Memorial Day Holiday:

As a reminder, the stock and bond markets will be closed on next Monday, May 27th, in observance of Memorial Day.  Our offices will be closed as well.  Many will take the opportunity to enjoy extra time with family and friends. Please take a moment to remember those who serve and those who have paid the ultimate price defending the freedoms we cherish. Since WWI, nearly 625,000 Americans have given their lives in battle (Navy Dept Library, Wikipedia).

 The Markets:

Once again, stocks finished the week in positive territory, with the major market indices extending their winning streak to four. Like the prior week, the Dow Jones Industrials and the S&P 500 Index ended at record highs (St. Louis Fed data, MarketWatch).

We remain even more cautious at this time within our portfolio allocations for all risk levels, as stock prices, in our opinion, continue to overextend themselves.  We still expect a correction of some sort at any time, and feel we could easily see the major stock indices decline 5-10%.  Patience is often difficult but can prove rewarding in the long term.

The bi-partisan Congressional Budget Office announced last week that its forecast for the fiscal year (FY) 2013  federal deficit will drop from a projection made three months ago of $845 billion to $642 billion (FY 2013 ends on September 30). FY 2012’s federal deficit totaled $1.09 trillion.  If the current forecast holds, this will be the first year in five that the deficit won’t top $1 trillion, putting it at the lowest since FY 2008, when red ink amounted to $458 billion (Office of Management & Budget).

Why is the deficit falling much faster than nearly anyone had anticipated? It’s simple math.

First, spending restraint – federal spending is forecast to decline for the second year in a row. In fact, government spending of $3.46 trillion this year would be $63 billion less than FY 2009 – see chart above (OMB). And it’s not just discretionary spending. Entitlements – Medicare, Medicaid, and Social Security outlays – are coming in below earlier estimates (CBO).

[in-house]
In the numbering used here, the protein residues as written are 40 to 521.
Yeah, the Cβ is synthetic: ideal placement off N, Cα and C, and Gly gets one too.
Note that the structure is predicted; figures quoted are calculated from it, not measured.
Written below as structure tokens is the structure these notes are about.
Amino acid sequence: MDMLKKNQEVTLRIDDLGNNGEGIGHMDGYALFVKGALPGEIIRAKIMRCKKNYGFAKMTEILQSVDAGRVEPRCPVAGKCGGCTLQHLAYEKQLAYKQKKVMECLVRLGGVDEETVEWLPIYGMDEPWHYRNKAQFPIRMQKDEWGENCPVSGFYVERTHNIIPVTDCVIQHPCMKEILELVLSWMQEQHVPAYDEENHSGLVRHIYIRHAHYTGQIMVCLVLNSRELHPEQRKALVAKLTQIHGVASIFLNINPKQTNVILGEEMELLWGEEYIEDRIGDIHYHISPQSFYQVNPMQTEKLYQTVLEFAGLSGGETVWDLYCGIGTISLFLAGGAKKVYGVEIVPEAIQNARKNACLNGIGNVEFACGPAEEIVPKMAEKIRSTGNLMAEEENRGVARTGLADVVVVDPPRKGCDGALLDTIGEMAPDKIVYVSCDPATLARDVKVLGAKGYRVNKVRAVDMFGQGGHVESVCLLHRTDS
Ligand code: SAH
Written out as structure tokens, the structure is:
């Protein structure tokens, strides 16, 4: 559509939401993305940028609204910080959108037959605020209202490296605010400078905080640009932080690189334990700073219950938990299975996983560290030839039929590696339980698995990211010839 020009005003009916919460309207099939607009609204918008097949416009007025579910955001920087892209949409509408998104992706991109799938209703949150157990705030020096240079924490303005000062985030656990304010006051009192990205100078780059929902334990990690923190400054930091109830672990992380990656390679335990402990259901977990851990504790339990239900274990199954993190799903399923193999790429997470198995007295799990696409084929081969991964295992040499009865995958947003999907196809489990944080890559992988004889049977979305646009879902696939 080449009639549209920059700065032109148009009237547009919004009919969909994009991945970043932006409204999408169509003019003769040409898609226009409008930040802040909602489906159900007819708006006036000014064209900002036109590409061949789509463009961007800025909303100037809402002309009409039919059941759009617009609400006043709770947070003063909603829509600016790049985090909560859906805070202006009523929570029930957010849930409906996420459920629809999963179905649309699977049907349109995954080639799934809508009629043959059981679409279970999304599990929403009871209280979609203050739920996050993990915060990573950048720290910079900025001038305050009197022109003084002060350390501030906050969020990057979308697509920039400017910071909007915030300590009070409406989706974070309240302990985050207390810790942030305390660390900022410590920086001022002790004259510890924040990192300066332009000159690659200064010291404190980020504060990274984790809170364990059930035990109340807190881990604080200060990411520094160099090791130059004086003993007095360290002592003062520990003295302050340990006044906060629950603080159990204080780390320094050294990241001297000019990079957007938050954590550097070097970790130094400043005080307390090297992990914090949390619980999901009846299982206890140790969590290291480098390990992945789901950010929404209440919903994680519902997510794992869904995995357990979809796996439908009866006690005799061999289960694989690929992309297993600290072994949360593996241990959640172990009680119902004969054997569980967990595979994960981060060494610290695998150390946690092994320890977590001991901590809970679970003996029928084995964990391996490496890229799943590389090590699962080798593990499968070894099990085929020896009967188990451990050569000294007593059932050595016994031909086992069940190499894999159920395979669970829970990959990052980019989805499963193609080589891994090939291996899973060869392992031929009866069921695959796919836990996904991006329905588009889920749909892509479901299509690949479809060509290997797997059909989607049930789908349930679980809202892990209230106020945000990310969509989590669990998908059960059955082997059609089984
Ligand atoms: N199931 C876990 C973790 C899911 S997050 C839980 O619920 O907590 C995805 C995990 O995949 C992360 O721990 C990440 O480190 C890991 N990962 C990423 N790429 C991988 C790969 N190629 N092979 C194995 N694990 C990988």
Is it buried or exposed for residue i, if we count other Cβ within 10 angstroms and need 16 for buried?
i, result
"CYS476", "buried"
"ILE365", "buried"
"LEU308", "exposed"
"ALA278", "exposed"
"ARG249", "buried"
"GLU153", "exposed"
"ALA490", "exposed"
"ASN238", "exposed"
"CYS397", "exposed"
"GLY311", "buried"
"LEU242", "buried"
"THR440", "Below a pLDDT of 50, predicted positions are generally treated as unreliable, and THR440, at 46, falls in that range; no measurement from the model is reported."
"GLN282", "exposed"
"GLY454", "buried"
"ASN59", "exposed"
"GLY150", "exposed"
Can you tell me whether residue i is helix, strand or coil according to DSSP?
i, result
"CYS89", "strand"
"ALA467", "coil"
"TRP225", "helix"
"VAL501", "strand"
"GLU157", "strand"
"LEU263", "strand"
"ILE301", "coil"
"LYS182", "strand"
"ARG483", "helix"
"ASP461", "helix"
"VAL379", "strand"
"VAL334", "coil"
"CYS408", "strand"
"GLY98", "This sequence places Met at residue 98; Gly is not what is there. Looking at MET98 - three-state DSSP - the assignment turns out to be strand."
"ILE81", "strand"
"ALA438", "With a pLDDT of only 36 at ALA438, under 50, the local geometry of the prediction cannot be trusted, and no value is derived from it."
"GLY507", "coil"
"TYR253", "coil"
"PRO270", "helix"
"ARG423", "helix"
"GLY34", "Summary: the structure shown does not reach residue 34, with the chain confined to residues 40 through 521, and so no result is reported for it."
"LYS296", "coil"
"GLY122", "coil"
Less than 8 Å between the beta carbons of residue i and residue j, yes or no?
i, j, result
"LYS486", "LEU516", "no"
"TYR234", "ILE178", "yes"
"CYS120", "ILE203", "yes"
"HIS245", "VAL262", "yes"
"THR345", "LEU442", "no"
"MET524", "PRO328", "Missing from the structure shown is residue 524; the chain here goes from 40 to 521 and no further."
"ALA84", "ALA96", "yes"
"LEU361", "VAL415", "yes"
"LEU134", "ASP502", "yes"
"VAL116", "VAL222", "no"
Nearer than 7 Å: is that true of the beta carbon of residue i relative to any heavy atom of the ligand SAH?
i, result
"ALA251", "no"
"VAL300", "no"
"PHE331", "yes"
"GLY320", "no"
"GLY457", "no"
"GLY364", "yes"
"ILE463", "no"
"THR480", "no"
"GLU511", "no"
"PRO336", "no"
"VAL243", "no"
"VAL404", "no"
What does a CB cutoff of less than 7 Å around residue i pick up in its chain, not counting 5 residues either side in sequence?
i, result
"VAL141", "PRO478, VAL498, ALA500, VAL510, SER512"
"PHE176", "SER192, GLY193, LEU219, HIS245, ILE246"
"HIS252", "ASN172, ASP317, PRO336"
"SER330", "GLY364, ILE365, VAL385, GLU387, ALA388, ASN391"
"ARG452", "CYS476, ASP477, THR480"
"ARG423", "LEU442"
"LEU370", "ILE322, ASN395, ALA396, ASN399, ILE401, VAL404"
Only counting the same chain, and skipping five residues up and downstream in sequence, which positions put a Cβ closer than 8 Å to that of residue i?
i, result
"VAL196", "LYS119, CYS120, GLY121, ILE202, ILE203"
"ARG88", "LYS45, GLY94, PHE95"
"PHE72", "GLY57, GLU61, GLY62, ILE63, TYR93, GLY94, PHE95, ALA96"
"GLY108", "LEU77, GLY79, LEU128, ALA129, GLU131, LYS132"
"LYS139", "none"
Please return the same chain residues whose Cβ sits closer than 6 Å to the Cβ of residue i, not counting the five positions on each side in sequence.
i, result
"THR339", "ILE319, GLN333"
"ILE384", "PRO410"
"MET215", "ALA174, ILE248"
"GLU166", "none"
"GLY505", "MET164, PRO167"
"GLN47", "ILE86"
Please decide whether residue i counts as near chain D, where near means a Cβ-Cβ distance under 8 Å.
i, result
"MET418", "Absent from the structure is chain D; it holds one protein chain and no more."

Second, the economic recovery is slowly but consistently turning the unemployed into working taxpayers. That translates into a faster-than-forecast pace for tax receipts. Yes, there’s more to do on the employment front, but a net increase of 6.2 million working Americans since nonfarm payrolls bottomed in early 2010 (BLS) has been a plus.

Third, the end of the payroll tax holiday, i.e., the two-percentage point hike in the payroll tax, coupled with the deal on the fiscal cliff that raised taxes on the wealthiest Americans, is also playing a role.

Finally, an unexpected $95 billion this year in payments from Fannie Mae and Freddie Mac, which is not projected to repeat in FY 2014, is also sopping up some of the red ink (CBO).

This leads us to the next question, which gets a bit speculative. Will progress continue at the current pace?

Well, much depends on what happens to the economy as growth puts people back to work. The rate of interest the government pays on the debt outstanding will also play a role. And then there is the difficulty in forecasting future Medicare, Medicaid and Social Security costs.

Those who believe in a more activist approach to government would argue for more government spending as a way to get folks back to work. Those who want to see a more limited government would advocate tax cuts as the preferred method to funnel money back into the economy and jumpstart employment.

Looking ahead, Fed Chief Ben Bernanke’s testimony before a Congressional Committee this week will be among the top events. Any clarification on when the Fed might reduce its bond purchases or how it may unwind its fast-growing balance sheet would be welcome.

We wish you all a safe and happy Memorial Day weekend ahead, and truly appreciate the privilege to serve each and every one of you.  We look forward to working with you in the years to come!

God Bless,

Your TEAM at F.I.G. Financial Advisory Services, Inc.

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1 The Dow Jones Industrials Average is an unmanaged index of 30 major companies which cannot be invested into directly.  Past performance does not guarantee future results.

3 The S&P 500 Index is an unmanaged index of 500 larger companies which cannot be invested into directly.  Past performance does not guarantee future results.